NAS PENSACOLA

Screening and Testing Key to Cervical Cancer Treatment

Last Updated :
Story by Jason Bortz on 02/06/2019


PENSACOLA, Florida (Jan. 29, 2019) Naval Hospital Pensacola's Comprehensive Women's Health Center provides early detection screenings and treatment for cervical cancer.





According to the Centers for Disease Control and Prevention (CDC), cervical cancer is highly preventable because screening tests for cervical cancer and vaccines to protect against human papillomavirus (HPV), which is the main cause of cervical cancer, are readily available. Cervical cancer is highly treatable and associated with long survival and good quality of life when it is found early.





"Over 90 percent of cervical cancer is caused by HPV," said Lt. Cmdr. Leslye Green, staff obstetrician and gynecologist, NHP. "The guidelines have changed in the last 15 years since more has been learned about the human papillomavirus, so it has been added as part of the testing. Cervical cancer is treatable, and it is very important that people are aware of and follow the recommended guidelines."





Screening is an important part of women's health care. Women who are 21 years or older should be screened for cervical cancer and follow the recommended guidelines. Women 21 29 years old should have cervical cytology (a Pap smear) completed every three years while women 30 65 years old should have a co-test, which is a Pap smear plus the HPV test completed every five years.





"With the screening schedules spaced out over three or five years, people tend to forget and let it fall off of their radar," said Green, from St. Rose, Louisiana. "A good way to remember the three or five year screenings is by ensuring annual screenings such as breast and pelvic examinations are also being completed."





According to the National Cervical Cancer Coalition, nearly 13,000 women in the United States are diagnosed with cervical cancer each year, however, the disease is preventable with vaccination and screening tests. Vaccines prevent HPV infection and offer the greatest health benefit when received prior to exposure to HPV, which is a sexually transmitted infection.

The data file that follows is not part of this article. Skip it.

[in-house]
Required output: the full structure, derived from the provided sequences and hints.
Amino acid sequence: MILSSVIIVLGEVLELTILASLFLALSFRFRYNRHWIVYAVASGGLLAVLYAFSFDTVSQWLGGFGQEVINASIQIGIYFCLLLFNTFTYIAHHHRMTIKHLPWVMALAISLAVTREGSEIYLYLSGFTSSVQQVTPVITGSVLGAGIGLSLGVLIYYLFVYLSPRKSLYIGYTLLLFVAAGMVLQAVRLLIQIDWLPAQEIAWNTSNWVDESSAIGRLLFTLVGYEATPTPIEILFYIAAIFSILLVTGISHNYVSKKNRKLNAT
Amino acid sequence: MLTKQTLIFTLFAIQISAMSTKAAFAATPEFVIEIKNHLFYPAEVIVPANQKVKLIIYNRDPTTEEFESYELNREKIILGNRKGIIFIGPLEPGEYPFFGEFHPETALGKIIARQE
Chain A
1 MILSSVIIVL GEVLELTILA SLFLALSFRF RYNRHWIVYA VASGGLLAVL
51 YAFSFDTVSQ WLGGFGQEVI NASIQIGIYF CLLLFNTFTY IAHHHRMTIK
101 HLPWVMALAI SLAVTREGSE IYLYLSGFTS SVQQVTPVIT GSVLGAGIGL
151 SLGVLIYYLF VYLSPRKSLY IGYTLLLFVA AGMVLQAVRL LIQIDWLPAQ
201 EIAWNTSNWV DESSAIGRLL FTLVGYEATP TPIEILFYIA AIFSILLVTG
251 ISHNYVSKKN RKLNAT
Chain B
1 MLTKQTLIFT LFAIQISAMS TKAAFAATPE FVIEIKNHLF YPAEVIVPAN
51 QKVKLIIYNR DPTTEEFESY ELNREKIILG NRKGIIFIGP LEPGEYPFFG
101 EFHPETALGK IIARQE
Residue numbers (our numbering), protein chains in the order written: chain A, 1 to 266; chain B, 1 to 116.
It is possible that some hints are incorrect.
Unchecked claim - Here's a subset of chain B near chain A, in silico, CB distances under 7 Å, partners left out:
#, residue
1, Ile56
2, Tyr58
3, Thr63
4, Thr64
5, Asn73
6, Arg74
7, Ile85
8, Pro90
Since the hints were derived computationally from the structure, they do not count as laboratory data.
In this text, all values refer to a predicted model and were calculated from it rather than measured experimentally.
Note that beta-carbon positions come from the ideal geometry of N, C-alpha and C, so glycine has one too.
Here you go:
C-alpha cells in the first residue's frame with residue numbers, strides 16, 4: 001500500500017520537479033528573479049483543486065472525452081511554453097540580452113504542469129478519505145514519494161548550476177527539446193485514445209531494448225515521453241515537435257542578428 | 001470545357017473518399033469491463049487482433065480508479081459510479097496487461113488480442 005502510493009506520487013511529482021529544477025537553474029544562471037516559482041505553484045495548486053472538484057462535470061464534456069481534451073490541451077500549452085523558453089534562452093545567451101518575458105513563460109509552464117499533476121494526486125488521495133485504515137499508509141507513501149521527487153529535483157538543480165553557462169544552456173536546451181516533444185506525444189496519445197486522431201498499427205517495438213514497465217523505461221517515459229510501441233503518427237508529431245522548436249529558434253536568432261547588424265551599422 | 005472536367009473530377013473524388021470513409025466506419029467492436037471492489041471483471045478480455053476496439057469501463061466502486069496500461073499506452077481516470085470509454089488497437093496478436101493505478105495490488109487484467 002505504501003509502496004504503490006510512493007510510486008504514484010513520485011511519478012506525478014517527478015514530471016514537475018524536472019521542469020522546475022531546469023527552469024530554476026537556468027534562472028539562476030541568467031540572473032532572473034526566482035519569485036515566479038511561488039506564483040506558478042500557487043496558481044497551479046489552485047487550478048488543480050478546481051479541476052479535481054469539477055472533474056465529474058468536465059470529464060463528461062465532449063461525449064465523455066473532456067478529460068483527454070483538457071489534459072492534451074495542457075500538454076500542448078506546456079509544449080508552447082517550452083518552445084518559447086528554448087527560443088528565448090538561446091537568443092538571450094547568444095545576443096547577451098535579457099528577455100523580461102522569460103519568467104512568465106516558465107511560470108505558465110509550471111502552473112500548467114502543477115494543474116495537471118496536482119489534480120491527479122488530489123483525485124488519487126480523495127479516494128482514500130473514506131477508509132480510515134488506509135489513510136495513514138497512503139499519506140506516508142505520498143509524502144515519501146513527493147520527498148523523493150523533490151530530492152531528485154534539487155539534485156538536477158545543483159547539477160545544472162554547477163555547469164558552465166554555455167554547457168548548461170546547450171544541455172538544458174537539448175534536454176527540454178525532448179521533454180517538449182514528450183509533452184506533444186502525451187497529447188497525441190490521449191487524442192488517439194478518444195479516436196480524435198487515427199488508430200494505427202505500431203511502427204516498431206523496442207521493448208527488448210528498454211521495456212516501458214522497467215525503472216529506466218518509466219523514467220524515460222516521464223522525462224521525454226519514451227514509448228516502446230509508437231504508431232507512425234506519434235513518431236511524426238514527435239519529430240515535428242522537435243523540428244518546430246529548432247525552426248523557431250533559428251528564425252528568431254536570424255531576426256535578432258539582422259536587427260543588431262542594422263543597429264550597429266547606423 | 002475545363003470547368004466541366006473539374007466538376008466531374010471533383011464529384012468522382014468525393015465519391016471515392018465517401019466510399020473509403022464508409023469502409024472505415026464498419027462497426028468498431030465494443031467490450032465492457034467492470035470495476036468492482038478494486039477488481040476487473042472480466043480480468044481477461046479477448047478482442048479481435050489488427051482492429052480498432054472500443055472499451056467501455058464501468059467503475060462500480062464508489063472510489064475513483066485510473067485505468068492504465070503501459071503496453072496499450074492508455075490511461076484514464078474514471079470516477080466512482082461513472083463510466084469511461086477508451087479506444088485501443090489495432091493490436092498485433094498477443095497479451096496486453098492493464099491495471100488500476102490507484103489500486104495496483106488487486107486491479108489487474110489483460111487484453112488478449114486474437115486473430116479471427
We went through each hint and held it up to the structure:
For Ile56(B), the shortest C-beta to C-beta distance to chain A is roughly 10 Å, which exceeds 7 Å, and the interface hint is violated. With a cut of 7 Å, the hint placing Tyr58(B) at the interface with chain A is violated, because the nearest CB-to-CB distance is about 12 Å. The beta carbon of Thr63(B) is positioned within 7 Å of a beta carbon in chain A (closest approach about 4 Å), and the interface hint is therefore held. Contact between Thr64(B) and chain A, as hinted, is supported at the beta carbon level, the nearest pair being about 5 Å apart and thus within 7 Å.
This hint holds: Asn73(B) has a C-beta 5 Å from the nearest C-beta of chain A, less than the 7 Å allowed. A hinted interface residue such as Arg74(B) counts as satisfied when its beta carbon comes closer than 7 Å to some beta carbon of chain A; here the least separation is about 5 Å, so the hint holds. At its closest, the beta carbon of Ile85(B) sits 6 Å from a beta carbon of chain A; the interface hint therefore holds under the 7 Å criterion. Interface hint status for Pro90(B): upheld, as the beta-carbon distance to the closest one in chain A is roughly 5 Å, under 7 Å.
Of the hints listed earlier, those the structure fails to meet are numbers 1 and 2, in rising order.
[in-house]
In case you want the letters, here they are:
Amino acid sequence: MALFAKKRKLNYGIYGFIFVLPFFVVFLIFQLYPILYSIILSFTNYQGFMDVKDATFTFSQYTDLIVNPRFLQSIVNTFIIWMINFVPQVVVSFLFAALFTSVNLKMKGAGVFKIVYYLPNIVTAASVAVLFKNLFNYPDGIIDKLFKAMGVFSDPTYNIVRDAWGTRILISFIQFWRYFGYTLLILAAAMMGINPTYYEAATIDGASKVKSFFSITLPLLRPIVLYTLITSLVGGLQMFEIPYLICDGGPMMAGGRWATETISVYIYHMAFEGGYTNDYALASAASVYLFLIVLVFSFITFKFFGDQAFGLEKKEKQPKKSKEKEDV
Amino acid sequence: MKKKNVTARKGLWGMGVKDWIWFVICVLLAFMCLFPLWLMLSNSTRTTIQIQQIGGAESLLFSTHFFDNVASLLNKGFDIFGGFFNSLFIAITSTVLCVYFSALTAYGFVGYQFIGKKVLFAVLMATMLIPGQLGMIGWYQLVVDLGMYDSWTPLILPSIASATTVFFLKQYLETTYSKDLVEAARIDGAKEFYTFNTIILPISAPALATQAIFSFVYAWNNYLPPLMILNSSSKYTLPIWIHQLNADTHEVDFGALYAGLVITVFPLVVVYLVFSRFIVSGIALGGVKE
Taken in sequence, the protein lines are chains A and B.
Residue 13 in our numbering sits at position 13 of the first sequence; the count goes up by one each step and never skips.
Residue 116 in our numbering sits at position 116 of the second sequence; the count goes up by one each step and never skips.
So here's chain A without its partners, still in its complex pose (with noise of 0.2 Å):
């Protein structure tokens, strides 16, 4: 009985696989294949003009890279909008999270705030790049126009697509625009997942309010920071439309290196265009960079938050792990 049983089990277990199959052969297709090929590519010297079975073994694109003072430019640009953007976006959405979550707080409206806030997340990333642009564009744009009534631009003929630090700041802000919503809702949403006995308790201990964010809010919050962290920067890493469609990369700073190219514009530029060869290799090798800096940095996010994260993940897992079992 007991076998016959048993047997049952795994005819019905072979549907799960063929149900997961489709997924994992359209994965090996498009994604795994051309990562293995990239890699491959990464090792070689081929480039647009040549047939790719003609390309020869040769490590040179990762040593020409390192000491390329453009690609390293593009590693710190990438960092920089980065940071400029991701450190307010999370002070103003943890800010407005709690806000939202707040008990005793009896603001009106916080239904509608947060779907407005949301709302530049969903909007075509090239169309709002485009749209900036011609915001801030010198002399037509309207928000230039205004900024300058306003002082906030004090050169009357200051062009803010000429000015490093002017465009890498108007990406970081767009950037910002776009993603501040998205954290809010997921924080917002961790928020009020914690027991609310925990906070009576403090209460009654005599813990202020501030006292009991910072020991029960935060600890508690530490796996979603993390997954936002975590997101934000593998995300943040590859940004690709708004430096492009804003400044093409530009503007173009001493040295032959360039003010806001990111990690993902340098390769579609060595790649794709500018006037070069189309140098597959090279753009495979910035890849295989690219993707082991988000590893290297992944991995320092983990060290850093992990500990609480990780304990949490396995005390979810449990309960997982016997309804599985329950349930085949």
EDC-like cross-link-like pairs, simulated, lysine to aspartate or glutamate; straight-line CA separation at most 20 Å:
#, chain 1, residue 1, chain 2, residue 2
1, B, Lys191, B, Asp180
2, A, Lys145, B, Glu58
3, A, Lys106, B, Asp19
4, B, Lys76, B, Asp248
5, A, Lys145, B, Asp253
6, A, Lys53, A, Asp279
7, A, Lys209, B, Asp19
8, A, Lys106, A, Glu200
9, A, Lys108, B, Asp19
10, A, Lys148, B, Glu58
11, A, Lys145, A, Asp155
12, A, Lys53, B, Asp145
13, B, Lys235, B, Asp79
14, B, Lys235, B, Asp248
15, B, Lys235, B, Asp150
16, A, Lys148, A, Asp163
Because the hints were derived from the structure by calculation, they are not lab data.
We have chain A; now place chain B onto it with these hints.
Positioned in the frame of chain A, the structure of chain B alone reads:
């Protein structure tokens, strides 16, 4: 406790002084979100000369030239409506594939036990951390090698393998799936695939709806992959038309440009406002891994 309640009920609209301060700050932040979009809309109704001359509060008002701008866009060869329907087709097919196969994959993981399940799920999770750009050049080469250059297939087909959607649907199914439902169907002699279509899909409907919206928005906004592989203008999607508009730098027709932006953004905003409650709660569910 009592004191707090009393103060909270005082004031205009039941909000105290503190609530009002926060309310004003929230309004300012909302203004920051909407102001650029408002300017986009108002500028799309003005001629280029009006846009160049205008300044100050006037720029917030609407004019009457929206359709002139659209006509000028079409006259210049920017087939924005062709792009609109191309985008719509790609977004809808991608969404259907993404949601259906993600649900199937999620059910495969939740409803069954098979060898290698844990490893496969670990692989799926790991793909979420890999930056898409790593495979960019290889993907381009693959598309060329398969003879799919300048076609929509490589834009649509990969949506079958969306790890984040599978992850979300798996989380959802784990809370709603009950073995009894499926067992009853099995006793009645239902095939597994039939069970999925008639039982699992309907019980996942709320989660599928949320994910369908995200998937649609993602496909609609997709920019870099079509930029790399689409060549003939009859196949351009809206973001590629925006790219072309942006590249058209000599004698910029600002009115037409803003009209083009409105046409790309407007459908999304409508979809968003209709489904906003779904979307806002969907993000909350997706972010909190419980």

Green explained that NHP offers all of the treatment, prevention and screenings for cervical cancer. The Immunizations Clinic offers the HPV vaccine while the Comprehensive Women's Health Center offers Pap smears, HPV co-testing (Pap smear and HPV testing), colposcopy, loop electrosurgical excision procedure (LEEP) and hysterectomy.





"Here at NHP, we offer the basic services for cervical cancer prevention and we have a large female military force that is present," said Green. "The best advice I can give to a patient is to follow the recommended guidelines that are individualized for them."





The Comprehensive Women's Health Center is available to all TRICARE beneficiaries. Please contact the clinic at 850-505-6287 for more information.





Established in 1826, Naval Hospital Pensacola's mission is to deliver high quality health care to ensure a medically ready force and a ready medical force through strategic partnerships and innovation. The command is comprised of the main hospital and 10 branch health clinics across five states. To find out more, visit http://www.med.navy.mil/sites/pcola/Pages/default.aspx or download the command's mobile app (keyword: Naval Hospital Pensacola).

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